Sharpen your senses! Review of our Co-Design Workshop with Kids from Neukölln(Berlin)

Our yesterday’s kids-workshop on navigation and (mobile) communication by different senses (see post below!) was awesome:

We had a full day outdoor workshop with kids between the age of 3 to 12 years. It was difficult to count them, but we guess during the whole day it was roundabout 70 of them or so.

Together we explored how you navigate without seeing, how do you communicate without spoken language, we discussed the potential of visual communication and symbolic languages, and in the workshop “touch- and feel-mobiles (“Fühl-Handy”)” the kids produced little prototypes that dealt with the topic of sensitive surfaces: (“How should your mobile feel like, if a certain person calls you” or “How do ‘Heat’, ‘Sadness’, ‘Rain’, ‘Fun’ or ‘Beeing Bored’ feel on your mobile?”)

Here’s some impressions:

“Audio-Memory” (“Hör-Memory”):

In this game the kids got an idea of what it is like to use other senses then the usual ones. Unlike a classical “memory-game”, where you visually have to find pairs of similar pictures, in this game the kids had to listen (and also feel, weight and maybe even smell) in order to find the right pairs:

designabilities_streetlab_audiomemory_1
[Listen, weight, touch, feel, smell – the multisensoral memory game!]

designabilities_streetlab_audiomemory_2
[with these glasses you could not see a thing!]

“Visual Communication / Symbolic Language”:

In this workshop the kids explored the idea of communication without written or spoken language. Together we tried typical sentences and words you (or actually: the kids) normally use on your phone, like “How are you”, “The sun is shining”, “I am tired”, “Shall we go outside?”, “My brother is repairing his car?”.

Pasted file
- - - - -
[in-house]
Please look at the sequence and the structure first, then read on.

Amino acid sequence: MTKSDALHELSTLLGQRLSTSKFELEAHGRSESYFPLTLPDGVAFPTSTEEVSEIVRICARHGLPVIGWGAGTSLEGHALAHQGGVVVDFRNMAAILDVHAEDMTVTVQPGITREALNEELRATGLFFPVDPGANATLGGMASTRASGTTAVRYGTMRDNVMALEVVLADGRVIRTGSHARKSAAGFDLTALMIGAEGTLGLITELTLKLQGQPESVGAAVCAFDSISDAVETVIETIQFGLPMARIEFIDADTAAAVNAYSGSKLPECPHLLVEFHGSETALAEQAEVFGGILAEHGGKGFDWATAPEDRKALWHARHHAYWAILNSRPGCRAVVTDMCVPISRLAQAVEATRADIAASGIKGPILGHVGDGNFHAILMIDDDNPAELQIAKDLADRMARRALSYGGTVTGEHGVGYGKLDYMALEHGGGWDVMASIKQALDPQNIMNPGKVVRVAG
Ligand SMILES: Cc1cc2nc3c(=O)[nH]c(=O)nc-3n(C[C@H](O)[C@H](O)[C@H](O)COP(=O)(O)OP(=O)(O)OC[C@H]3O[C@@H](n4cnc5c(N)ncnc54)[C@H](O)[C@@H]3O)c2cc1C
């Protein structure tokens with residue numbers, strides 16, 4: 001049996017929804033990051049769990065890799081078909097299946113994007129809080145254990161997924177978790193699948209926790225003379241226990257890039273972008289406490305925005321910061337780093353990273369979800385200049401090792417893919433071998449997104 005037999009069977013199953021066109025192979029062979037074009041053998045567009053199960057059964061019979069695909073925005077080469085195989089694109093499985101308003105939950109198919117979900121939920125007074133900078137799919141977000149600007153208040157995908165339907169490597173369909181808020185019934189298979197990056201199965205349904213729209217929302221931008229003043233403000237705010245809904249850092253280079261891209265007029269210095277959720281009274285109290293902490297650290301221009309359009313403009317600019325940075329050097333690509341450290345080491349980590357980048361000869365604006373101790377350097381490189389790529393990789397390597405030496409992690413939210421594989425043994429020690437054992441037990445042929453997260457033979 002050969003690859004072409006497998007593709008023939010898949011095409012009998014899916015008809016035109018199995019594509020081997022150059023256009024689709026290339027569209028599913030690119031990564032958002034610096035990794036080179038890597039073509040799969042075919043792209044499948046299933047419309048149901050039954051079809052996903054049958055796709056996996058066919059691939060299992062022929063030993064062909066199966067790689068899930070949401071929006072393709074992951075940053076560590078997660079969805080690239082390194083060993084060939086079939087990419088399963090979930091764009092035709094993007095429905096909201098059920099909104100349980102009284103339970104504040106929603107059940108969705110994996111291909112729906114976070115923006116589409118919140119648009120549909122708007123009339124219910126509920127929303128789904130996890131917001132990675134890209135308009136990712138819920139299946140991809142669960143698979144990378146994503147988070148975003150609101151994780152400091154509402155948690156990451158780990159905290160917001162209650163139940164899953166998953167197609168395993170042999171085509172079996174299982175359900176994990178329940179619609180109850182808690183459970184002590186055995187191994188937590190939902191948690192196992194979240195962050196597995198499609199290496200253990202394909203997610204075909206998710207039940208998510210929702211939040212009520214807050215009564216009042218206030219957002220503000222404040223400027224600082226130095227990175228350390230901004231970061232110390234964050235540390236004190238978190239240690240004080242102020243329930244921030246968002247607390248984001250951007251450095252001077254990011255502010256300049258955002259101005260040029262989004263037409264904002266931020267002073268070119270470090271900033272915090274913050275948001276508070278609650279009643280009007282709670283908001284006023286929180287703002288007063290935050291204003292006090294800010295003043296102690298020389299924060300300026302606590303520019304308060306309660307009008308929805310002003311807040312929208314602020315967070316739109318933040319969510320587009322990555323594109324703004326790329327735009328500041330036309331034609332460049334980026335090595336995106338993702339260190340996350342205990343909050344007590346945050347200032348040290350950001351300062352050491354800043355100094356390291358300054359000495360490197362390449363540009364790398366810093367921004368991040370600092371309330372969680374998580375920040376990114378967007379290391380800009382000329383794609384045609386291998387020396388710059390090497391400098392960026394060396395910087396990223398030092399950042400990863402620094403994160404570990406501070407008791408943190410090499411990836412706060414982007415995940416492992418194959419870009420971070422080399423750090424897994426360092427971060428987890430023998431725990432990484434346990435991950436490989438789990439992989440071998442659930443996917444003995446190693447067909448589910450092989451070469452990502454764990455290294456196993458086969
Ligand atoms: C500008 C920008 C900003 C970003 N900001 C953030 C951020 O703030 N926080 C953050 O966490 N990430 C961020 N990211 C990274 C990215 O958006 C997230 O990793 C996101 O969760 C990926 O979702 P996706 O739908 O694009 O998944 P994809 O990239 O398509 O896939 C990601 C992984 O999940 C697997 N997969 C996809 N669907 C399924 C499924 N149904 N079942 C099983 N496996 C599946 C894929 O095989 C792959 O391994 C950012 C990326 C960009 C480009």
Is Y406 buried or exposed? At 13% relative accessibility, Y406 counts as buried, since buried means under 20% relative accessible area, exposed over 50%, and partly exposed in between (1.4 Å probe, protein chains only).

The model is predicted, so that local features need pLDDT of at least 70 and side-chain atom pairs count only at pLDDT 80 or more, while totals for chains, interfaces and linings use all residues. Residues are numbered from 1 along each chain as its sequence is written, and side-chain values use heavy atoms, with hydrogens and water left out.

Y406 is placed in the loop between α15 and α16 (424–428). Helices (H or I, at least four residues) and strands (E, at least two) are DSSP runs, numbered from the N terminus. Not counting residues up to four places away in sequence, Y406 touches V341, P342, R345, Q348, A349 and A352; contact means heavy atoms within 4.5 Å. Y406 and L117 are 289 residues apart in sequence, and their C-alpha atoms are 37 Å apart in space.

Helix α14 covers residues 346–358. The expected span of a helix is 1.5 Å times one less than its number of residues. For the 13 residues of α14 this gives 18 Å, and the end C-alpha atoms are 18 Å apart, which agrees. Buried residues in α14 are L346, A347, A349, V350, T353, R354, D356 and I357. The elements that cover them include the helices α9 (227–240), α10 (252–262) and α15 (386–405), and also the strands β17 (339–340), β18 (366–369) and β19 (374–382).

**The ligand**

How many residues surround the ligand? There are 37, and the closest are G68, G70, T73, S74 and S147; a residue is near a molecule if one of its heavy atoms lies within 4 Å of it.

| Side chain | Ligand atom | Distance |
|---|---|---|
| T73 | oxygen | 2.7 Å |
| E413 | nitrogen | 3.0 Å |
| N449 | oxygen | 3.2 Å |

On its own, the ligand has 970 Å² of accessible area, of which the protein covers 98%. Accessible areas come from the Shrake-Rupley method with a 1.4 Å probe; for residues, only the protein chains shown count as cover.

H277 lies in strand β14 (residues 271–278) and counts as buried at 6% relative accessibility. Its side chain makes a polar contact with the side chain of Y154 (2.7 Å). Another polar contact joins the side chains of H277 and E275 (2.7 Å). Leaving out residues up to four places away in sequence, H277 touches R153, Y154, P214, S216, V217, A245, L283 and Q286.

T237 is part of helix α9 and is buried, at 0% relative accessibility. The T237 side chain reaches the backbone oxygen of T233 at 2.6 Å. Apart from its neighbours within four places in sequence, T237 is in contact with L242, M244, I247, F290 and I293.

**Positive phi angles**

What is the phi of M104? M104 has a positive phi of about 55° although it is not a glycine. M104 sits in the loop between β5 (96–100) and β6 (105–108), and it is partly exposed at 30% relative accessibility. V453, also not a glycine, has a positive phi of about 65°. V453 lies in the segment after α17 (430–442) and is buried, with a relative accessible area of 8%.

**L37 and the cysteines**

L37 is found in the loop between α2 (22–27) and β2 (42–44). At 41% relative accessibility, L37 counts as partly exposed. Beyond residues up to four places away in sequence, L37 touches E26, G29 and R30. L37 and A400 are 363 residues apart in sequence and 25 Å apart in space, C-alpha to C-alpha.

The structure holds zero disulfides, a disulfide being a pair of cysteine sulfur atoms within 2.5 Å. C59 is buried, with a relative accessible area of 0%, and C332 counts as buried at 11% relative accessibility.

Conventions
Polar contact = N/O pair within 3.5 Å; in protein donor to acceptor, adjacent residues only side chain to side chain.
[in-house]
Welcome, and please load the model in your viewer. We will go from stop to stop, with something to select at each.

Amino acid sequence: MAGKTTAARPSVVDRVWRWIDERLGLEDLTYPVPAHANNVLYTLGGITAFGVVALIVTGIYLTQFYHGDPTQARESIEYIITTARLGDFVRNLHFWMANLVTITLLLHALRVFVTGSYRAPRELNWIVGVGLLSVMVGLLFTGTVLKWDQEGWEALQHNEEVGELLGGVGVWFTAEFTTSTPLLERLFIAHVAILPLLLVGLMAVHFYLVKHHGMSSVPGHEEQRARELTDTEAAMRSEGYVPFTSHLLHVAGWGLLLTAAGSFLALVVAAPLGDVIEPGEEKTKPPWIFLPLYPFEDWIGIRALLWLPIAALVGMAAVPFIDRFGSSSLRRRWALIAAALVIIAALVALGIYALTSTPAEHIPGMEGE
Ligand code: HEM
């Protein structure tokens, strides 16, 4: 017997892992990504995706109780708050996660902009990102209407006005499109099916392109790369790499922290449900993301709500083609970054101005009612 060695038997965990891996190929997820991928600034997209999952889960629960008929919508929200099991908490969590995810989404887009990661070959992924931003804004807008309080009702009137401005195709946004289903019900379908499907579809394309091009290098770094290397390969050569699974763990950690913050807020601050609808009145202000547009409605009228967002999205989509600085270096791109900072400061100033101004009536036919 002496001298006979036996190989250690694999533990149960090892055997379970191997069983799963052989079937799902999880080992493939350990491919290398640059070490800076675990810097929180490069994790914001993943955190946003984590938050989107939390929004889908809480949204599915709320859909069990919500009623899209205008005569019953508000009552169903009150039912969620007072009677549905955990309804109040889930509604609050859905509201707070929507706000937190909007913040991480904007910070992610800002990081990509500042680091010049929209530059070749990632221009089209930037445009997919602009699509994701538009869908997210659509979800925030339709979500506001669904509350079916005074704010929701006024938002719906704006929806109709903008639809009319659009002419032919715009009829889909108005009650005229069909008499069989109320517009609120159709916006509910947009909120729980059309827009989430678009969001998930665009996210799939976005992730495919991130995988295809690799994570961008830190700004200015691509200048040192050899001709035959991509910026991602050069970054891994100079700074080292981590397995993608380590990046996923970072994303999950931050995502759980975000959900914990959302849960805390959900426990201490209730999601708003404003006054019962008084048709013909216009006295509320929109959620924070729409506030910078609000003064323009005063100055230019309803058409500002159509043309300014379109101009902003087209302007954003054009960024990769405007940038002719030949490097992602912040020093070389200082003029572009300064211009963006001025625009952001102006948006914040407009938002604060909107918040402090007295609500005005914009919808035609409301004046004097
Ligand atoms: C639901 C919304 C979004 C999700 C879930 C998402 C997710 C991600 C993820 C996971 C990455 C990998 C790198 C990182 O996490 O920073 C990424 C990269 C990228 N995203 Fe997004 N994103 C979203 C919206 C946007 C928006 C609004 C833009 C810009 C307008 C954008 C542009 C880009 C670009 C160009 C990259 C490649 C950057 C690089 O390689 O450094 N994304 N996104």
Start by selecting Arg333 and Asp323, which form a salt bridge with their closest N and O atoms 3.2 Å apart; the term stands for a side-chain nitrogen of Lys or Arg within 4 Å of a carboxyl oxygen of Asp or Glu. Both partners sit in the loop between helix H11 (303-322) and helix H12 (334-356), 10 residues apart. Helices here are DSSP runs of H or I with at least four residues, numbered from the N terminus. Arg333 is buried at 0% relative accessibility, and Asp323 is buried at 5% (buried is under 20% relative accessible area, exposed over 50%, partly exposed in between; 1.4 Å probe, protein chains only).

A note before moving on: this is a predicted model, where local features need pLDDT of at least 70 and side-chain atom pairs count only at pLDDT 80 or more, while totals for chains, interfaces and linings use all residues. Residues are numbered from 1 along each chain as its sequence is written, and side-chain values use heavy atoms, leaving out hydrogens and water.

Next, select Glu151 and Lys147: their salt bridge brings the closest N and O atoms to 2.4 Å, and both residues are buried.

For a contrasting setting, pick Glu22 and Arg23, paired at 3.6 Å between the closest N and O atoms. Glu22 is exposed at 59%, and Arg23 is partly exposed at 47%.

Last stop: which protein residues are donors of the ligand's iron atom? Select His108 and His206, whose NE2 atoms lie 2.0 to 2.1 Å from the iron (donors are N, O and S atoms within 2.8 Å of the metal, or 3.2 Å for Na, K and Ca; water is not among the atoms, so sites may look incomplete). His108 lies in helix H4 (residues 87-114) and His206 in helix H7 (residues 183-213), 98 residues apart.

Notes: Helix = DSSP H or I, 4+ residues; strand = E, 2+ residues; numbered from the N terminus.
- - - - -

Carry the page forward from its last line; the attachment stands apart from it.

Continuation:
In a first step, we asked them to draw little icons for certain sentences/words (“i feel good/bad” etc…).
In a second step the kids drew little icons and the others (including us) had to guess, what they wanted to tell us.
The kids thereby got an idea of what the job of a communication- or information-designer is about – in this case: by using small space and and single color to make complex situations understandble and bring them to the point:

designabilities_streetlab_viscom_1
[“I am happy / I am feeling good!”]

designabilities_streetlab_viscom_2
[“Let’s play football!”]

designabilities_streetlab_viscom_3
[“I’m going for a bycicle ride!”]

designabilities_streetlab_viscom_4
[“Let’s go swimming!”]

designabilities_streetlab_viscom_5
[“Friends!”]

designabilities_streetlab_viscom_7
[“I changed the color of my hair!”]

designabilities_streetlab_viscom_9
[“Somebody annoyed me, so that i cried!”]

We also had pictures like these:

designabilities_streetlab_viscom_11

 

designabilities_streetlab_viscom_12

.

“Touchable! Feel your Mobile” (“Fühl-Handy”):

In this workshop the kids produced little prototypes that dealt with the topic of sensitive surfaces: (“How should your mobile feel like, if a certain person calls you” or “How do ‘Heat’, ‘Sadness’, ‘Rain’, ‘Fun’ or ‘Beeing Bored’ feel on your mobile?”).
Therefore they tried out different material and haptics, which lead to amazing results. For example some had the wish/idea that different (favorite) partners of communication or functions should have different buttons, that feel different:

designabilities_streetlab_touchable_01

designabilities_streetlab_touchable_02

designabilities_streetlab_touchable_03

designabilities_streetlab_touchable_04

designabilities_streetlab_touchable_05

designabilities_streetlab_touchable_06

designabilities_streetlab_touchable_08

designabilities_streetlab_touchable_09

designabilities_streetlab_touchable_10

designabilities_streetlab_touchable_11

.

The Workshop was called “Schärfe Deine Sinne” (”Sharpen your senses”).
These were only a few impressions of it. We’ll do more stuff at the StreetLab in august.

About designabilities

http://www.design-research-lab.org/team/tom-bieling/
This entry was posted in alternative communication, augmentative communication, blind, co-design, deaf, design project, reciprocal learning, social design, visual communication and tagged , . Bookmark the permalink.